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ADHD in adults

Aroreretini ki ngā pakeke

Attention deficit hyperactivity disorder (ADHD) causes problems with your concentration, memory and impulsive behaviour. These symptoms are around from when you were a child, and sometimes they improve with time. But some people continue to have problems as adults.

Having ADHD can also have positive effects. You may have lots of energy and be very creative. You may also be able to focus extremely well on interests and preferred activities.

Sometimes ADHD is first diagnosed when you are an adult.

Adult ADHD is common. It affects about one person in 20 (5% of the population), and more men than women are diagnosed with it.

We do not know the exact cause of ADHD, although we do know it is a neurological (brain) disorder. There is also a genetic link (it can be passed on from your parents). You are much more likely to have ADHD if it runs in your family.

Diagnosing ADHD in adults

If you suspect that you may have ADHD, you may like to take a screening test. The results are not a diagnosis, but they may help you decide whether to seek a formal assessment.

To get a formal diagnosis of ADHD, a doctor or psychologist needs to do a detailed assessment. They also need to rule out other conditions that may explain the symptoms. Other possible conditions include depression, anxiety, trauma and drug or alcohol dependency. If these conditions are present, they will need to be treated first.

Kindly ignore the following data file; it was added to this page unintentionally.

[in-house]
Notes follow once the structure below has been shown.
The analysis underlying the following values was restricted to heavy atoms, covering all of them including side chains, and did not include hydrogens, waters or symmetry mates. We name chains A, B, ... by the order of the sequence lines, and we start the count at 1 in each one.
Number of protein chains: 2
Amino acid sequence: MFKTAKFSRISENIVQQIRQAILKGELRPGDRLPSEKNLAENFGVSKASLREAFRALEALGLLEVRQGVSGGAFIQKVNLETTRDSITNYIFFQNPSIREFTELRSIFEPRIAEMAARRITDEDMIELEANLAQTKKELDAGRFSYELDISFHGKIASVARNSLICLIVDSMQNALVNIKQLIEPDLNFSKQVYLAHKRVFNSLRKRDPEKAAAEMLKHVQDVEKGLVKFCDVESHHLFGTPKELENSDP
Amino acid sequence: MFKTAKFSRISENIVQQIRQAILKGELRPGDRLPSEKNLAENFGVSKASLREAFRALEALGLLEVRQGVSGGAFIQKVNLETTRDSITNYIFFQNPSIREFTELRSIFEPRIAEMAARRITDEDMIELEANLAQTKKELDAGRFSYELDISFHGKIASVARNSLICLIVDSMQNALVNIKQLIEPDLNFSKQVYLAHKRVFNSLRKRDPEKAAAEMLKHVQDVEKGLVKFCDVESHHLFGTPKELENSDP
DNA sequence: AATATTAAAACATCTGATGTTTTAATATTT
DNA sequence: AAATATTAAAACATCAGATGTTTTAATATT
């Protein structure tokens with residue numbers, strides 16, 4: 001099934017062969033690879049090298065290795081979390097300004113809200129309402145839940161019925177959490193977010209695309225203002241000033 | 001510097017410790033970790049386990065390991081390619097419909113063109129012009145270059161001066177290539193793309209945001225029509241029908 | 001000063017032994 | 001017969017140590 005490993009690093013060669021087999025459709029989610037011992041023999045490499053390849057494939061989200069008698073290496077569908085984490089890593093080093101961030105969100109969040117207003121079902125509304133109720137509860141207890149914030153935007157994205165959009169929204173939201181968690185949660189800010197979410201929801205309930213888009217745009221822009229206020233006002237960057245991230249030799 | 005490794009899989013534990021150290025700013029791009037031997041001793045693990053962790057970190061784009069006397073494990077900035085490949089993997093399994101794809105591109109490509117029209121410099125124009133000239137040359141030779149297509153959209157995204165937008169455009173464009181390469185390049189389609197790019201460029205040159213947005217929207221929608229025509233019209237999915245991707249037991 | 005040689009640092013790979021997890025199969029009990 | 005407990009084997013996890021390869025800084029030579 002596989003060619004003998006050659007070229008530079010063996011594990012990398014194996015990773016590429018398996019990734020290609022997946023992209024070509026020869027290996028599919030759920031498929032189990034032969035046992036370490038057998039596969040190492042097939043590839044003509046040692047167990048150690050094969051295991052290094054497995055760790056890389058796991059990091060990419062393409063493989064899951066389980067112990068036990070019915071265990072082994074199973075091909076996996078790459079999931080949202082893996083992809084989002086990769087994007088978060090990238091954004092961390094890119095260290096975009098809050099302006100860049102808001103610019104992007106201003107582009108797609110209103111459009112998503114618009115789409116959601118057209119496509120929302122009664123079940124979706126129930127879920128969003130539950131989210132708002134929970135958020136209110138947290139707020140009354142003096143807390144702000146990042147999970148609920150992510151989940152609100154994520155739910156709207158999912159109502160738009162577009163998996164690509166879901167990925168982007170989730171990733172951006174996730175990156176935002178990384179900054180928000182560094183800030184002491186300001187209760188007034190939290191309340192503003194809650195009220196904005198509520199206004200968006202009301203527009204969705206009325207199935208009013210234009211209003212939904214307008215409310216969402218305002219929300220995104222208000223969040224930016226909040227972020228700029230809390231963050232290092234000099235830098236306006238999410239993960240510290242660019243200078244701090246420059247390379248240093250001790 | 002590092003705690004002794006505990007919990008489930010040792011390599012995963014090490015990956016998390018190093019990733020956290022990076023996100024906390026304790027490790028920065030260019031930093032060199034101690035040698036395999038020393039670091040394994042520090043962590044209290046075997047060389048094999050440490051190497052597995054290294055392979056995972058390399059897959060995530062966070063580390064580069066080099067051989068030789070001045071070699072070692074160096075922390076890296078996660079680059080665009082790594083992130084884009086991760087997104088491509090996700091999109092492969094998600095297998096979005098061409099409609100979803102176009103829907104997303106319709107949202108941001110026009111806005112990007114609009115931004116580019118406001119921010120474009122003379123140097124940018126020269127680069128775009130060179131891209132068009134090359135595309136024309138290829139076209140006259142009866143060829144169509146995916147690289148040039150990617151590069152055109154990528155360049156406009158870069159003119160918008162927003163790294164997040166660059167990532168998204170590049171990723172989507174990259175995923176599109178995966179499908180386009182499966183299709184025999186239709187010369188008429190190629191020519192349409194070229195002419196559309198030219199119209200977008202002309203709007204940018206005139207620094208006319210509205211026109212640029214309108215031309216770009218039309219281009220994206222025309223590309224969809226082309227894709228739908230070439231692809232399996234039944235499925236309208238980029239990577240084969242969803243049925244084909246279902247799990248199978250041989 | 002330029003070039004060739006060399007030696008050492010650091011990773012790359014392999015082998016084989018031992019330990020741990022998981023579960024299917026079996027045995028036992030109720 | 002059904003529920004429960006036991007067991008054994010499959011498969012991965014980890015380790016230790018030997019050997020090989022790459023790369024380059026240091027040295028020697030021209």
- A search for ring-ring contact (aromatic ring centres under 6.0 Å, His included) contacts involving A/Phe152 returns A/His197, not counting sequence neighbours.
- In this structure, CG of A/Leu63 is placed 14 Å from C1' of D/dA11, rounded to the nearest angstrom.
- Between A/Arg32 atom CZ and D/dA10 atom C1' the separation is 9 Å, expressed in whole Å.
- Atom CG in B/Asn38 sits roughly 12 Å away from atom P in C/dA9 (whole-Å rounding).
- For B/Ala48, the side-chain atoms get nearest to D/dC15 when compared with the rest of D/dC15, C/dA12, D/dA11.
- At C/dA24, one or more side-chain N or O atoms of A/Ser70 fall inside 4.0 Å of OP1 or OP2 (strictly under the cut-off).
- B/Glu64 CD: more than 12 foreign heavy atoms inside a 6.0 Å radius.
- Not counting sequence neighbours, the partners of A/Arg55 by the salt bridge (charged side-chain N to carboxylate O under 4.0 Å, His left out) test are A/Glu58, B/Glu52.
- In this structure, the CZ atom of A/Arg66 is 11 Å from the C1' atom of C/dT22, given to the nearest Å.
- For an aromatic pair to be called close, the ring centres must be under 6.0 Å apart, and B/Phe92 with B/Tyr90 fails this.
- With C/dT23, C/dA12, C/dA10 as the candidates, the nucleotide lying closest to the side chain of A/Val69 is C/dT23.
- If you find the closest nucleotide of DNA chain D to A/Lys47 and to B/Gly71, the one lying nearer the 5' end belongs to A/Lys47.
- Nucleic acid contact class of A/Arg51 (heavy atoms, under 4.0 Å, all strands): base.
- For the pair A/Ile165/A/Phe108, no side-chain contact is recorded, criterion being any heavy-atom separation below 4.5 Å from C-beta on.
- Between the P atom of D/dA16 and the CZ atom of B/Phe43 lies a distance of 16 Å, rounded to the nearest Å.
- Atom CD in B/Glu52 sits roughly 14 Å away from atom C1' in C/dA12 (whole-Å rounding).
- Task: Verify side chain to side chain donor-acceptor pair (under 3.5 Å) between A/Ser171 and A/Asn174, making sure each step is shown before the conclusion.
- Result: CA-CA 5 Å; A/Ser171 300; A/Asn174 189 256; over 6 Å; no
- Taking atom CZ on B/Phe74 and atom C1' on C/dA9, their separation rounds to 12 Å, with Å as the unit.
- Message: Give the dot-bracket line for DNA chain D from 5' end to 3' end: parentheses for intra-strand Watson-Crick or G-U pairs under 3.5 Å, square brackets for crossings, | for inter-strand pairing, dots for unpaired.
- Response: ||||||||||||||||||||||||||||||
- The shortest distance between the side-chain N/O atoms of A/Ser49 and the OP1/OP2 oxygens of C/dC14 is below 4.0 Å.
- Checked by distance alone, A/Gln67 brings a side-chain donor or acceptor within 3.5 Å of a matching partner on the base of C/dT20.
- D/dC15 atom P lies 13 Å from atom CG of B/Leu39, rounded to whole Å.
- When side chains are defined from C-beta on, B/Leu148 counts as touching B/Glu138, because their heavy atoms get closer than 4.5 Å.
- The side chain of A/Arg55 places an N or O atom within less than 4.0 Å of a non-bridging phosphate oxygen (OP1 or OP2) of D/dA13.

Thumbnail image. Follow the link to the CADDRA formThey may ask you and someone close to you to complete an assessment form. This will help them decide if your symptoms are likely to be caused by ADHD.

If you think you might have ADHD, talk to your general practice team about what assessment is best for you. If your symptoms are severe (for example, if you are unable to work), they may refer you to the public adult psychiatry service for assessment and treatment.

If your symptoms are less severe, your general practice team may suggest that you see a private psychologist for further assessment. You will have to pay for this assessment. Your general practice team can use this assessment to get medication advice from the public adult psychiatry service. Or you can choose to pay to see a private psychiatrist or psychologist.

Treating ADHD in adults

The treatment for ADHD will vary between individuals. It will depend on how much of a problem the symptoms are. Approaches include talking therapies and learning how to manage symptoms such as inattention. For some people, the treatment may include medication.

If medication is an option for you, methylphenidate is most commonly prescribed. If this does not work or you are unable to take it, alternatives are dexamfetamine and atomoxetine.

You need approval from a psychiatrist before starting an ADHD medication. Your general practice team may be able to get this approval without you needing to have an appointment with the psychiatrist.

If adult ADHD is not treated, it can lead to difficulties at work and relationship problems. It can also lead to struggles with managing bills or home-based chores. If it is more severe, it may lead to involvement in the justice system or more complex difficulties in other parts of your life.

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On the next page: Self-care for ADHD in adults

Written by HealthInfo clinical advisers. Last reviewed September 2023.

Sources

See also:

ADHD (attention deficit hyperactivity disorder) in children

Page reference: 117521

Review key: HIAHA-117521